Overall Satisfaction with CrashPlan
CrashPlan has been rolled out to all of our full-time employees. This is around 850-1000 employees total. Prior to CrashPlan, we did not have a reliable means to back up data on the individual computers other than having our end users save to network shares. Synchronizing this data for off-line use has always been messy but now we can safely allow data to be stored on the local hard drives. Additionally, CrashPlan is our primary means for data retention when a user is no longer employed. Data can always be downloaded from the administrative console if needed, especially when access to the physical computer is non existent.
- Once CrashPlan is fully set up and synchronizing, it truly is a "set it and forget it" solution. Backups, by default, happen every 15 minutes and the user only needs an internet connection for this to happen.
- The administrative console is wonderful for IT to support its end users. We can download all user data if needed and centrally control the settings, including what folders/files are backed up, without interrupting the user.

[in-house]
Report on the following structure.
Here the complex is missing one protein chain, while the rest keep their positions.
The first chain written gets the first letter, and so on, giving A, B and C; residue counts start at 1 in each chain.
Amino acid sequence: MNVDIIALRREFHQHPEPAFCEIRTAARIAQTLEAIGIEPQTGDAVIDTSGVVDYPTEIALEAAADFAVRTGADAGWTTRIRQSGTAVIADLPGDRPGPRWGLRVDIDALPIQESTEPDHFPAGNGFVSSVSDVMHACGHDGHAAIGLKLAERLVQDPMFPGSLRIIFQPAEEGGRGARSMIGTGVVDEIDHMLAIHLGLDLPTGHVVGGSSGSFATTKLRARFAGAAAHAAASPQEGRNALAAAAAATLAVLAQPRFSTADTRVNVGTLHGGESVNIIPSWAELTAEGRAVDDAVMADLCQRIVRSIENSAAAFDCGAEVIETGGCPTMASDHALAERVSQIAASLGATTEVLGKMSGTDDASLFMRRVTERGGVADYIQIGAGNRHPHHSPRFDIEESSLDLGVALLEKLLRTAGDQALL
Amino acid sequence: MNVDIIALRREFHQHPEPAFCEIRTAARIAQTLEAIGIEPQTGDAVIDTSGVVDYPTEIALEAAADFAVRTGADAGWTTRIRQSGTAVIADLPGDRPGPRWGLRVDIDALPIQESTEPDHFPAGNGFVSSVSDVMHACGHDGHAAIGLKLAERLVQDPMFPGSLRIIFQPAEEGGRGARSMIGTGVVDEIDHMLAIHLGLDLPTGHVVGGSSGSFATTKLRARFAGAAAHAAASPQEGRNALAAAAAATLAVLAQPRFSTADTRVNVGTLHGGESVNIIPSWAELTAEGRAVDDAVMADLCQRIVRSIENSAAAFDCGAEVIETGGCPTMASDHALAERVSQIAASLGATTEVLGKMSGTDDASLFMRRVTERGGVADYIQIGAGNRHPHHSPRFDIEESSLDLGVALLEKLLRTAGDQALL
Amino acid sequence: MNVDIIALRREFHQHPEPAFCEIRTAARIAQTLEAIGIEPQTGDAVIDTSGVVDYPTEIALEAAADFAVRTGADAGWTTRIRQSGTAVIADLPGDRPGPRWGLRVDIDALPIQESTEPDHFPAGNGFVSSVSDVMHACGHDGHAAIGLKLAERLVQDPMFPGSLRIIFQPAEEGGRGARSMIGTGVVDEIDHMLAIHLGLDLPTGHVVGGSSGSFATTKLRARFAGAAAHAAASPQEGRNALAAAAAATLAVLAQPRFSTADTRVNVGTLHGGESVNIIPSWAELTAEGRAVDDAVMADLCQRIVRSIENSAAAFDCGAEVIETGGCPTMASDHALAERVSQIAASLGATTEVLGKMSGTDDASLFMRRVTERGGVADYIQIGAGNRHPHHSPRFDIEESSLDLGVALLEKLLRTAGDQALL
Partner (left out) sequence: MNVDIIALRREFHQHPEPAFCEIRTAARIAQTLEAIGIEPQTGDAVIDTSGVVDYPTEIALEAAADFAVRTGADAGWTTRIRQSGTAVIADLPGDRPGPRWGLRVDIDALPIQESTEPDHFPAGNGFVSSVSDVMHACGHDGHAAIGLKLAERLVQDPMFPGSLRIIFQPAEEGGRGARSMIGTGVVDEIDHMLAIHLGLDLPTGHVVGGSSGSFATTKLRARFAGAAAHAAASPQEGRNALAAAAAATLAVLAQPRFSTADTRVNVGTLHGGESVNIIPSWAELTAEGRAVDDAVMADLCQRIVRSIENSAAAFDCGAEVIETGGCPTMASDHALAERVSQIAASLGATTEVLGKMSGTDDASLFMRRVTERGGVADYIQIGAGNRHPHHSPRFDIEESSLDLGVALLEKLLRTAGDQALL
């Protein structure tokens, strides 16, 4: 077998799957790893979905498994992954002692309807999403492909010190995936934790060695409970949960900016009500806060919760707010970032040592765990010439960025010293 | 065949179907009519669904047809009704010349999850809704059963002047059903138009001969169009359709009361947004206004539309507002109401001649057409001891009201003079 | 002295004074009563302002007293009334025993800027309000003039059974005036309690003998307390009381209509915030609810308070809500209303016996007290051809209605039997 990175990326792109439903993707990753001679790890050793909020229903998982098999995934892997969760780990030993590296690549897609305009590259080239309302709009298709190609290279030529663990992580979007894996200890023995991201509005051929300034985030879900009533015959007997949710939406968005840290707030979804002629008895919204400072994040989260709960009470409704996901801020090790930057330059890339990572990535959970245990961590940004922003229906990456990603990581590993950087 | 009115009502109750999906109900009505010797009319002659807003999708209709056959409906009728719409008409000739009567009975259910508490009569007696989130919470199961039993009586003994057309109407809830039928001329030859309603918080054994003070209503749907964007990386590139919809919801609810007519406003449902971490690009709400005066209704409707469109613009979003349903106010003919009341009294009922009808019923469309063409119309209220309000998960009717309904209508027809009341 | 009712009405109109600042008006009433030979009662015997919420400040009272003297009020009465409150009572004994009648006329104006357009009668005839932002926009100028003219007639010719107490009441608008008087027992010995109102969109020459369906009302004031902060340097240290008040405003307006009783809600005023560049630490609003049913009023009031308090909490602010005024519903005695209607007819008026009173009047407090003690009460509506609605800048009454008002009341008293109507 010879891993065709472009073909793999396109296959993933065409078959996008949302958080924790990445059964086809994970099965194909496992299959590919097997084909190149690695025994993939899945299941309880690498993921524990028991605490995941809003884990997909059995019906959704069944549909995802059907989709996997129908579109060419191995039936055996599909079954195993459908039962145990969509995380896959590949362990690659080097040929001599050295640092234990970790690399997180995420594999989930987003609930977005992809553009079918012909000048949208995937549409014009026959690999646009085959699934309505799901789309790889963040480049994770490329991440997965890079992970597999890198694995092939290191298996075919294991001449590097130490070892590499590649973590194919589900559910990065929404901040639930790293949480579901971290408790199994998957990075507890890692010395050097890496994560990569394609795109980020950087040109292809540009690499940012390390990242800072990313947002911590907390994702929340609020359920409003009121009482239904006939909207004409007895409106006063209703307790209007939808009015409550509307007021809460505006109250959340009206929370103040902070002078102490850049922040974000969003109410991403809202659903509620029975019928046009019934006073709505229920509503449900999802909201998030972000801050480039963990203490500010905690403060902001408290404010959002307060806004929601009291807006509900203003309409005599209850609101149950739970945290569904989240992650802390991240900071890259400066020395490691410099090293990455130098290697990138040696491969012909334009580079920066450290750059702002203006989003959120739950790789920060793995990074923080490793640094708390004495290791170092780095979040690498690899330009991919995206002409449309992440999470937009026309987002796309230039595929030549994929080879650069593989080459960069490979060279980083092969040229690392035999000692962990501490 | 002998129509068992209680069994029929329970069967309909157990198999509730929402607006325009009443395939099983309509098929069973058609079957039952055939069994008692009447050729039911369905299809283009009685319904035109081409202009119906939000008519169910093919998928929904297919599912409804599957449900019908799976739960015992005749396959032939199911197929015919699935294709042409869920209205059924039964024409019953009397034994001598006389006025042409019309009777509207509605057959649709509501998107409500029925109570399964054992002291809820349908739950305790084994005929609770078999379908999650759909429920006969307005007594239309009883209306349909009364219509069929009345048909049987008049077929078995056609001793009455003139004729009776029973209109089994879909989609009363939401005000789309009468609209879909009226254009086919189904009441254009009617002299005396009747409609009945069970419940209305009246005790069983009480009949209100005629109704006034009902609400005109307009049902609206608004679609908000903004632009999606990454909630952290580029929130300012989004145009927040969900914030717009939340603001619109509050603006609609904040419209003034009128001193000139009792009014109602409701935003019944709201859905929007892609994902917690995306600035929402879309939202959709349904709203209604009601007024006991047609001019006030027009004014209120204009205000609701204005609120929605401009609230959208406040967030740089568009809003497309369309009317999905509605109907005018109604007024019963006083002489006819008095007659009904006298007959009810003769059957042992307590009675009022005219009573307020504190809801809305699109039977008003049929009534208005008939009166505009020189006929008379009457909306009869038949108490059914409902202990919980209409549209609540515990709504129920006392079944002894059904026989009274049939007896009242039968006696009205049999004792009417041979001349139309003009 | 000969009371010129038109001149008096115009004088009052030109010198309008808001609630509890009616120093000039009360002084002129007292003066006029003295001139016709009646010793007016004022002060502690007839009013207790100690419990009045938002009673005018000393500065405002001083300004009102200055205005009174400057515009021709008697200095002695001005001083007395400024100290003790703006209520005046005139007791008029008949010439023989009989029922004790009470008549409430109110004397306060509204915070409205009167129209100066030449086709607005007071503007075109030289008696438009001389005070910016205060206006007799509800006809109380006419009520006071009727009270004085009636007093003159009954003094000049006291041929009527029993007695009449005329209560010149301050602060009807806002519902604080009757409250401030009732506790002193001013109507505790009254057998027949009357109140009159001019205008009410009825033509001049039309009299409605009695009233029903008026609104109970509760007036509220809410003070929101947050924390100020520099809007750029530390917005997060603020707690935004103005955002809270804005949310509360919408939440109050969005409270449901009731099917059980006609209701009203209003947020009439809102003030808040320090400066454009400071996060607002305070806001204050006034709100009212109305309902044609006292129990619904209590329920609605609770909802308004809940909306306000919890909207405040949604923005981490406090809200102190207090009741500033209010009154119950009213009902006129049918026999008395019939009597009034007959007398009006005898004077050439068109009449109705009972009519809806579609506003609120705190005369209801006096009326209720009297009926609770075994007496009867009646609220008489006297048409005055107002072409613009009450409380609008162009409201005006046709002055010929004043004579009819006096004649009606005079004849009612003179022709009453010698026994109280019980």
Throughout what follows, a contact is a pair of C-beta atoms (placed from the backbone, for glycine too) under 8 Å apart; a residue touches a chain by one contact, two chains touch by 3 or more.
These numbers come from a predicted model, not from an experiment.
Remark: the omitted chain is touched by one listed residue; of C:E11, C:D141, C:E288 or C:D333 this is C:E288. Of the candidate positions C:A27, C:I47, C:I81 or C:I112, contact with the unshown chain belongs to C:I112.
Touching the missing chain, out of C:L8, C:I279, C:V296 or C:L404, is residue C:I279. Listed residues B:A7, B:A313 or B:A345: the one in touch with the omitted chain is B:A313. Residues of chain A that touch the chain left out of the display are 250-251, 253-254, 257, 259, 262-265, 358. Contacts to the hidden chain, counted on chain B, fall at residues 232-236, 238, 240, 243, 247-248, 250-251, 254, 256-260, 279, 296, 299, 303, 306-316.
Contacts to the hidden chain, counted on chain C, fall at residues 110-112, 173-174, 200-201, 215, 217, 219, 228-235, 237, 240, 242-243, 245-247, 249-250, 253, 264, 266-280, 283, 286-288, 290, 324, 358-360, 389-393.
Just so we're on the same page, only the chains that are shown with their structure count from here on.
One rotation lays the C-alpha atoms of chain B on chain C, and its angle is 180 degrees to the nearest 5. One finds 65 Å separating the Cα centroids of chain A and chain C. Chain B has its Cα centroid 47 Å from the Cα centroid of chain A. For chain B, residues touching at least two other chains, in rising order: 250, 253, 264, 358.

- We originally rolled out the product en masse about a year ago and this was supposed to install CrashPlan quietly and log the user in using their AD credentials. The former worked fine, however, the latter seems to have been sporadic. Most users are working fine but we have found a few cases recently that the data was not being backed up and in one instance, the hard drive failed causing the user to lose important work. We are having to work around this but would have liked Code42 to implement a better means for central deployment.
- The current mobile apps work fine and allow a user to download any backed up file. I would personally like to see them be able to backup the contents of phones and tablets though.
As stated before, CrashPlan is a very automated and reliable means for backing up individual computers. It works on both Windows and Mac alike and encrypts all data being backed up. For the end-user, this product is second to none. The same can be said for IT departments but with the rollout issues that I mentioned before, caution should be applied.